Optical Flow Melty Brain Robot

I want to make a “melty brain”/translational drift battle robot using the OpenMV for optical flow stabilisation. To make this happen I want to:

  1. Receive a clock from each of my two brushless motor controllers that indicates wheel odometry.
  2. Every N pulses (where N is approximately 100 to 150) I want to quickly trigger a steering servo or solenoid (which will need to be clocked at 400Hz instead of the usual 50Hz) snap a photo and compare it to the photo taken on the previous cycle, computing the number of pixels of horizontal translation find_displacement() but only in the x direction).
  3. Use that optical flow displacement to modulate N.
  4. Have my robot rotate at approximately 1000rpm (approximately 16 frames per second) with extremely low frame jitter (something like 200us max) in the optical flow correction path.

OpenMV uses MicroPython, which can do many things. However it doesn’t seem to be able to:

  1. Configure servos to be clocked at a rate other than 50Hz.
  2. Support a counter that will interrupt every N cycles of an internal clock to trigger a snapshot.
  3. Run in hard realtime since it is a garbage collected language.

Am I right in assuming I can’t do those things in MicroPython?
I could probably add 1) and 2) to MicroPython by wrapping new C modules, but is 3) likely to be a killer in my application? What are peoples’ experience with frame jitter due to the interpreted and garbage collected nature of Python?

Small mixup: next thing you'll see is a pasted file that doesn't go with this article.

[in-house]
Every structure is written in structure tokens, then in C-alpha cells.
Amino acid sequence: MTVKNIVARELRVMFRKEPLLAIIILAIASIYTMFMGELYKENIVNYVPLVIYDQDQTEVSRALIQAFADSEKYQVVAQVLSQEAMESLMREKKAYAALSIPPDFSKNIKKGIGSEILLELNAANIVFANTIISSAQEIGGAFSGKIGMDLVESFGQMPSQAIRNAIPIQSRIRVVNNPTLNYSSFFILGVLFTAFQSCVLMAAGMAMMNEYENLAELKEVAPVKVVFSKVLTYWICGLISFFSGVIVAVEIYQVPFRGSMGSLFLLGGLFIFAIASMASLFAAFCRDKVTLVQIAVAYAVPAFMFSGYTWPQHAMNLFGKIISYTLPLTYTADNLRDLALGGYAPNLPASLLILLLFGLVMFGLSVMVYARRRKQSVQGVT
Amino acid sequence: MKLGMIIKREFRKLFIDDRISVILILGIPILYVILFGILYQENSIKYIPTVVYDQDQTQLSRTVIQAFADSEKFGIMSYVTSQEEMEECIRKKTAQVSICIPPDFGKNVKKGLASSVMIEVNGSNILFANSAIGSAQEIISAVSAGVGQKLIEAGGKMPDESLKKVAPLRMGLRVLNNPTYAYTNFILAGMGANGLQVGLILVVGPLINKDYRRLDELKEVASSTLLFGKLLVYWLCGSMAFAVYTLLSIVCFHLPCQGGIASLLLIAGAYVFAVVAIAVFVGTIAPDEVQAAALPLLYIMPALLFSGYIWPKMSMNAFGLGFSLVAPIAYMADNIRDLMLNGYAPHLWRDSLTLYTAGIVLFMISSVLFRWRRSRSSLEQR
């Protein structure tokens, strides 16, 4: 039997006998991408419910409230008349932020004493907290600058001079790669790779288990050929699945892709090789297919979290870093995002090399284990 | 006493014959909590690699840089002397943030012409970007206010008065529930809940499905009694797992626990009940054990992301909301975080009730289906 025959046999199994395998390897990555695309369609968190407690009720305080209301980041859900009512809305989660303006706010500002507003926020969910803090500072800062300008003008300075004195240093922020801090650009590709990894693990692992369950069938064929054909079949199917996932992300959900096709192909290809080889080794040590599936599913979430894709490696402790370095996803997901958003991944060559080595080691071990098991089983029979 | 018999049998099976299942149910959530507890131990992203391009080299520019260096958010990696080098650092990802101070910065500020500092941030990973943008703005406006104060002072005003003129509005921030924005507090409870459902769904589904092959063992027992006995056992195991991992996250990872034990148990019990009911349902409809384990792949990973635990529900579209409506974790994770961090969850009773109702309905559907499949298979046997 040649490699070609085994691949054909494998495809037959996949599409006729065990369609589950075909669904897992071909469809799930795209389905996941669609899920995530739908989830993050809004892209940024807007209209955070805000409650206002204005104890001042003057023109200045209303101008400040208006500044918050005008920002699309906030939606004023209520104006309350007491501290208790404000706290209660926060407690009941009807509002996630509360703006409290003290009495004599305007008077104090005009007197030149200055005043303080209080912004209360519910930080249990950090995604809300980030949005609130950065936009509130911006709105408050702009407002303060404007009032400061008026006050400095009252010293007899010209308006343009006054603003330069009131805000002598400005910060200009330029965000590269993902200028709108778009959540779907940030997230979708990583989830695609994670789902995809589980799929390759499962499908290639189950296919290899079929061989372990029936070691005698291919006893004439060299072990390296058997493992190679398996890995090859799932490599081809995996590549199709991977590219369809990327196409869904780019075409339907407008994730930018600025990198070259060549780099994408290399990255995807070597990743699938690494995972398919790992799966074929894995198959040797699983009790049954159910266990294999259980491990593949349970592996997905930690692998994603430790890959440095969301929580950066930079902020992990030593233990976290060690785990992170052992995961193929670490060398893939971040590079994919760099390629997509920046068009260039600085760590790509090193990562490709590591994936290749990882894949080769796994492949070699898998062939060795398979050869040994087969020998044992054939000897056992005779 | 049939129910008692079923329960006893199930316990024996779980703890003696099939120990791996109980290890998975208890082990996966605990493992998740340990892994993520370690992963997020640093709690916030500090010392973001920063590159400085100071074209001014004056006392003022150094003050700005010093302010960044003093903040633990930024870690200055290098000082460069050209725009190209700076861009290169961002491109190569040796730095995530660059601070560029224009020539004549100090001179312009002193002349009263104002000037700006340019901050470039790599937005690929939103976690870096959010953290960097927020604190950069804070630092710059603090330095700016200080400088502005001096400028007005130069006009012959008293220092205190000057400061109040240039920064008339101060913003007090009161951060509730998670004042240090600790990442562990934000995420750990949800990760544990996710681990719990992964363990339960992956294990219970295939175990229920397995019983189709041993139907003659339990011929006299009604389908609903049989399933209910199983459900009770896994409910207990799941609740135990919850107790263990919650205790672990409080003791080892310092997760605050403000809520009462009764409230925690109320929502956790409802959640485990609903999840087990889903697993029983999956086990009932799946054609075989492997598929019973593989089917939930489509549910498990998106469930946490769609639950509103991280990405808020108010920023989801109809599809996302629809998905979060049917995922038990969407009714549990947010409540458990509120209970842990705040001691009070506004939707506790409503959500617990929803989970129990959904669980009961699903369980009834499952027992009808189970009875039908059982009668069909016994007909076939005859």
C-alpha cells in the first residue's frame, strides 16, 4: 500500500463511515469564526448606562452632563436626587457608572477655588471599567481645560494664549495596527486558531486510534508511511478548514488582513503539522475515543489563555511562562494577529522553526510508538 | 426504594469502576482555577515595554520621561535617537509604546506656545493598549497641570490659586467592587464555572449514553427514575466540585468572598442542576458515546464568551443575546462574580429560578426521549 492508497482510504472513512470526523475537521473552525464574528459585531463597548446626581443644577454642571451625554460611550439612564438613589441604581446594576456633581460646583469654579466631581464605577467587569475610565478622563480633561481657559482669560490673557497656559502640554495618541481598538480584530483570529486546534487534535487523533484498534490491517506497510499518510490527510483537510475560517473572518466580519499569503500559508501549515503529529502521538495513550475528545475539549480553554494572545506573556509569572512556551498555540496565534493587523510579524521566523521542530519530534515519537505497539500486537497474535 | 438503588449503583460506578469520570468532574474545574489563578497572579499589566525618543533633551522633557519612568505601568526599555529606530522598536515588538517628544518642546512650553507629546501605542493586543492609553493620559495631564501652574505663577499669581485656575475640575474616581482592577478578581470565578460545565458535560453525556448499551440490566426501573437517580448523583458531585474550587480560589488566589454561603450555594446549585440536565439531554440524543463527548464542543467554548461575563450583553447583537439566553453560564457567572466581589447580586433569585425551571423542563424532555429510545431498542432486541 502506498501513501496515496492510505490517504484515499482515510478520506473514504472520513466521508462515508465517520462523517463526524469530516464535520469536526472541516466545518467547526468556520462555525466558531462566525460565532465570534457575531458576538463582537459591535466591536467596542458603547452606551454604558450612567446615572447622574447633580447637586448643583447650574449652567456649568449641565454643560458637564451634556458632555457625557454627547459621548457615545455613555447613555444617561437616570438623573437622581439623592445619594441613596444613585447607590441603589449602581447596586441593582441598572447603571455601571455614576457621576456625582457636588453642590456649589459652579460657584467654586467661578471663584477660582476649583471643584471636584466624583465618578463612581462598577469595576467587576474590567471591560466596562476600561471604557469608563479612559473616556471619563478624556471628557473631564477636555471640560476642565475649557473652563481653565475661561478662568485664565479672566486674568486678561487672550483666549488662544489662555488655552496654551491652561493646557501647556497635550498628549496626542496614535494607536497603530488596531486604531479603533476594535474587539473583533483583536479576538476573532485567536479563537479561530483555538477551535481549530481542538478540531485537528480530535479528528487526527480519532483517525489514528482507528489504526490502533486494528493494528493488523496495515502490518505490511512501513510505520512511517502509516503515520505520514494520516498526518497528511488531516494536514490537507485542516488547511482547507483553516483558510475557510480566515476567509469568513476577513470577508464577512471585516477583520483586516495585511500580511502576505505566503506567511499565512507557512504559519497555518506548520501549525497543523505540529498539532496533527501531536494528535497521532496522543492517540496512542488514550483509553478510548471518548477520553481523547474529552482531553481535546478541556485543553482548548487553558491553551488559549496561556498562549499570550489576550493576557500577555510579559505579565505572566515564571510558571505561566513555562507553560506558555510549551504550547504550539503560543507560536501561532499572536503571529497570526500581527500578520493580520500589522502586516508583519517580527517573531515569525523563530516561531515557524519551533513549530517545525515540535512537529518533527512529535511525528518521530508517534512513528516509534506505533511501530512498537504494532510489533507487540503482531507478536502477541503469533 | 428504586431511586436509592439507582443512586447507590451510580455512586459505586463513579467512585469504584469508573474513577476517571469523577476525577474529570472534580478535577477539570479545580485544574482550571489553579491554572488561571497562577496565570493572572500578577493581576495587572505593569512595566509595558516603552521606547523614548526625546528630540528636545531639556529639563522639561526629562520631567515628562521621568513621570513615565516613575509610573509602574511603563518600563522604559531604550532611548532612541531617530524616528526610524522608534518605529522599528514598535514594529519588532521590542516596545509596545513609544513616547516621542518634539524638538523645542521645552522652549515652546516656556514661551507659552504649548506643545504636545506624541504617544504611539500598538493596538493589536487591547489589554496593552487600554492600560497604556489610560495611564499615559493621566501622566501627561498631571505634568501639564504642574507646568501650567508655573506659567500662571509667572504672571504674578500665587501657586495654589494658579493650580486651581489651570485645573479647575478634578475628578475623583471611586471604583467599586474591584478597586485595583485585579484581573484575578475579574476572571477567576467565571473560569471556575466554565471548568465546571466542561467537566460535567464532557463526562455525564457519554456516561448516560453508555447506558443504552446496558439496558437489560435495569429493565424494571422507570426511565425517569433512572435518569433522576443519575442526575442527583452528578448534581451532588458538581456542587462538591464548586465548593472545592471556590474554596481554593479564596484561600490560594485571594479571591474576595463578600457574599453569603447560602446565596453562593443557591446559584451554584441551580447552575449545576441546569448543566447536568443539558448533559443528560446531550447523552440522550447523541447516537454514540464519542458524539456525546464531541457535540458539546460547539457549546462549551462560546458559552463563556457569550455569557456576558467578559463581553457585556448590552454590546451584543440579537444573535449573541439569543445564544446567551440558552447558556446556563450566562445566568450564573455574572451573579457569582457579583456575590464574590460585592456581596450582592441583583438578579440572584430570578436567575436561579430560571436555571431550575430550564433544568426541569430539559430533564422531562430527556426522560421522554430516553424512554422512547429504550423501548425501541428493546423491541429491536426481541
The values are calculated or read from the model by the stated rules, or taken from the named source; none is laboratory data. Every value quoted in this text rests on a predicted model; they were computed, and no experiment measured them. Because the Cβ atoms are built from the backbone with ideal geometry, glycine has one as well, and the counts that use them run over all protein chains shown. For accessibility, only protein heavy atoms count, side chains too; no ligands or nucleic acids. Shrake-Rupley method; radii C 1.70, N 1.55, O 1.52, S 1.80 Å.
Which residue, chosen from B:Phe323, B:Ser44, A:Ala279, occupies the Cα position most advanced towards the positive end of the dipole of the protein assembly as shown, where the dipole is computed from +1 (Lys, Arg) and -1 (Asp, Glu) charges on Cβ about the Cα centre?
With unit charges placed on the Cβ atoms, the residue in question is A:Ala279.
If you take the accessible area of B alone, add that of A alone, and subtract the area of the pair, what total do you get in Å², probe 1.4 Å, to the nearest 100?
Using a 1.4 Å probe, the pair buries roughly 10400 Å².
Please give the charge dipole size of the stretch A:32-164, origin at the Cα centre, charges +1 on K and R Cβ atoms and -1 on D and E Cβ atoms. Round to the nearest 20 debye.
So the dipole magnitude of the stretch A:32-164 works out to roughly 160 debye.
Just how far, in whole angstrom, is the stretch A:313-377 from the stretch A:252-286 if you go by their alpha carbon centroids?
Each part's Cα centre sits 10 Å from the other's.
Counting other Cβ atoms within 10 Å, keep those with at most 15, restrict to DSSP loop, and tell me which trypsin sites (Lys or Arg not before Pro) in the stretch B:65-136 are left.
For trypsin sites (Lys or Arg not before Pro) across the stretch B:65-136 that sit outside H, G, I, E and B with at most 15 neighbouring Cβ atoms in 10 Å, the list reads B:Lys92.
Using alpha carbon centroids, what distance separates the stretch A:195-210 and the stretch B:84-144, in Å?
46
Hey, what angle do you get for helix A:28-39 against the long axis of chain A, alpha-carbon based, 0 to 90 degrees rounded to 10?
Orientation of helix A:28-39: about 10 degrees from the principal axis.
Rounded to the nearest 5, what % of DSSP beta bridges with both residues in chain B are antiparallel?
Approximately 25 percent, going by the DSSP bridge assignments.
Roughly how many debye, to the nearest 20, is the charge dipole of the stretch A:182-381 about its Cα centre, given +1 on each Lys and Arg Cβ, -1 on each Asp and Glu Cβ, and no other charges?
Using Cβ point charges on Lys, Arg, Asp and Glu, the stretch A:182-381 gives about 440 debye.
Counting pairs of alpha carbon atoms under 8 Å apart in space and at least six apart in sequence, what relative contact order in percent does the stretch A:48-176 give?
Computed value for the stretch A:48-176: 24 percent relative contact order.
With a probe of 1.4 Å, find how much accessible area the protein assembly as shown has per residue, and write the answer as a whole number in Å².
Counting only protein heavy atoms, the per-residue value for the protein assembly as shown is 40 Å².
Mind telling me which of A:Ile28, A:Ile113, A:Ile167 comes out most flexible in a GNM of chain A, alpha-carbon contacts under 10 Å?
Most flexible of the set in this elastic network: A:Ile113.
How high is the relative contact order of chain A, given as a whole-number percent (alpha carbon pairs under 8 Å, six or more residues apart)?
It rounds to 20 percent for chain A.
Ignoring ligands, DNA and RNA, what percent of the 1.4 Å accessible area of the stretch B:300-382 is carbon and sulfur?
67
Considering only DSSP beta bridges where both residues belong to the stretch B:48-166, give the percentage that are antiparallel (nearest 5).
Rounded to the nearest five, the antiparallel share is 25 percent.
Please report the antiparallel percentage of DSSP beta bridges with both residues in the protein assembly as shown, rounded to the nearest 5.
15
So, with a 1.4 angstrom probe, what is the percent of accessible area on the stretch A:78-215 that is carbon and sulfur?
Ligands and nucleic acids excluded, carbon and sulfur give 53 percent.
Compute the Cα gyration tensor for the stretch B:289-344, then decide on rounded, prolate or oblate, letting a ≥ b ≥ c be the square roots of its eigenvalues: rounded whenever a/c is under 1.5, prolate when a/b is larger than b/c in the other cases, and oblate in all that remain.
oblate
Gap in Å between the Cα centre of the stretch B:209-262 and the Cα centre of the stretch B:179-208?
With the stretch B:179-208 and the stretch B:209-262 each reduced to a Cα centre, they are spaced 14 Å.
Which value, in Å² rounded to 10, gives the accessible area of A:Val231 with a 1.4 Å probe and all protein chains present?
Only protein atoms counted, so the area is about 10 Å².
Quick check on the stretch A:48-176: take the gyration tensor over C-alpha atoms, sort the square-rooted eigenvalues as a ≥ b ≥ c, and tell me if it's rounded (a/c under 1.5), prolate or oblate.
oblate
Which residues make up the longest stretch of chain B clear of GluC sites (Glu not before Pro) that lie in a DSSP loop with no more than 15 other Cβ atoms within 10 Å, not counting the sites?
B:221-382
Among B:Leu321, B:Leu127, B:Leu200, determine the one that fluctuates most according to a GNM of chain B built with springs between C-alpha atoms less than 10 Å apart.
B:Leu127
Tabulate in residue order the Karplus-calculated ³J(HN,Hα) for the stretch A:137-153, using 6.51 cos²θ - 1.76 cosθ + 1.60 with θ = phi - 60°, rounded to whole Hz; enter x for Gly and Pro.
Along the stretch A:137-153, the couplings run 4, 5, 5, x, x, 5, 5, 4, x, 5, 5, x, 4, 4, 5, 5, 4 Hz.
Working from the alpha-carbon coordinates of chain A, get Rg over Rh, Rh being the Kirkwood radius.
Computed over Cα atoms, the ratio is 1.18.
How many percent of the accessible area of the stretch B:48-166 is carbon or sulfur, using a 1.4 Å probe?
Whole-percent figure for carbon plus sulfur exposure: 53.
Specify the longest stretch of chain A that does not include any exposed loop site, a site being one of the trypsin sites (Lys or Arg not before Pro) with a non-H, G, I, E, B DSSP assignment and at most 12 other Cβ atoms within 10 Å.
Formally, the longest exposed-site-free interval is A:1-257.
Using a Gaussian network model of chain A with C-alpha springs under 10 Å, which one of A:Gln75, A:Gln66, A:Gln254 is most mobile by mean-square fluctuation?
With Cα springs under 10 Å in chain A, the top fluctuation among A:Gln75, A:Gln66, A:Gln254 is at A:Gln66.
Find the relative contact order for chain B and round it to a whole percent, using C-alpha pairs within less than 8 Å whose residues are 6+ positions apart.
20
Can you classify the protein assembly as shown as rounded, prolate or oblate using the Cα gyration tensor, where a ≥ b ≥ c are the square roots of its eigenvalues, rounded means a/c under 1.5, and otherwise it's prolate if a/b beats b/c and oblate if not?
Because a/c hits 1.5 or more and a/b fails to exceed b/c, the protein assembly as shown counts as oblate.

Better to remove python and program the OpenMV directly in C for this?


Hi, our servo module updates at 50 Hz because that’s what servos expect. However, its all based on general purpose timers so you can make the freq anything you want by using the TIM module directly.

As for tacking a snapshot every n cycles… You can configure a pin as an interrupt source and then interrupt on that to take a picture. You can’t take the picture during an interrupt but you can schedule the picture to be take later once the interrupt completes.

As for hard real-time, yeah, just call garbage collection in your main code loop to keep the amount of garbage produced low and then it will be hard real time more or less.

Cool, thanks for the advice!

I have read that many servos will operate at rates greater than 50 Hz as long as the pulse time is still between 1ms and 2ms. I need a high update rate for my application, so I plan to experiment until I find a servo that can do something quick. Many electronic speed controllers now officially support much faster update rates than 50Hz ( “OneShot125” ) for multi copter applications.

Thanks for the advice on this point. I will either directly configure a Timer to do PWM or I will hack the C implementation of the servo module to update faster.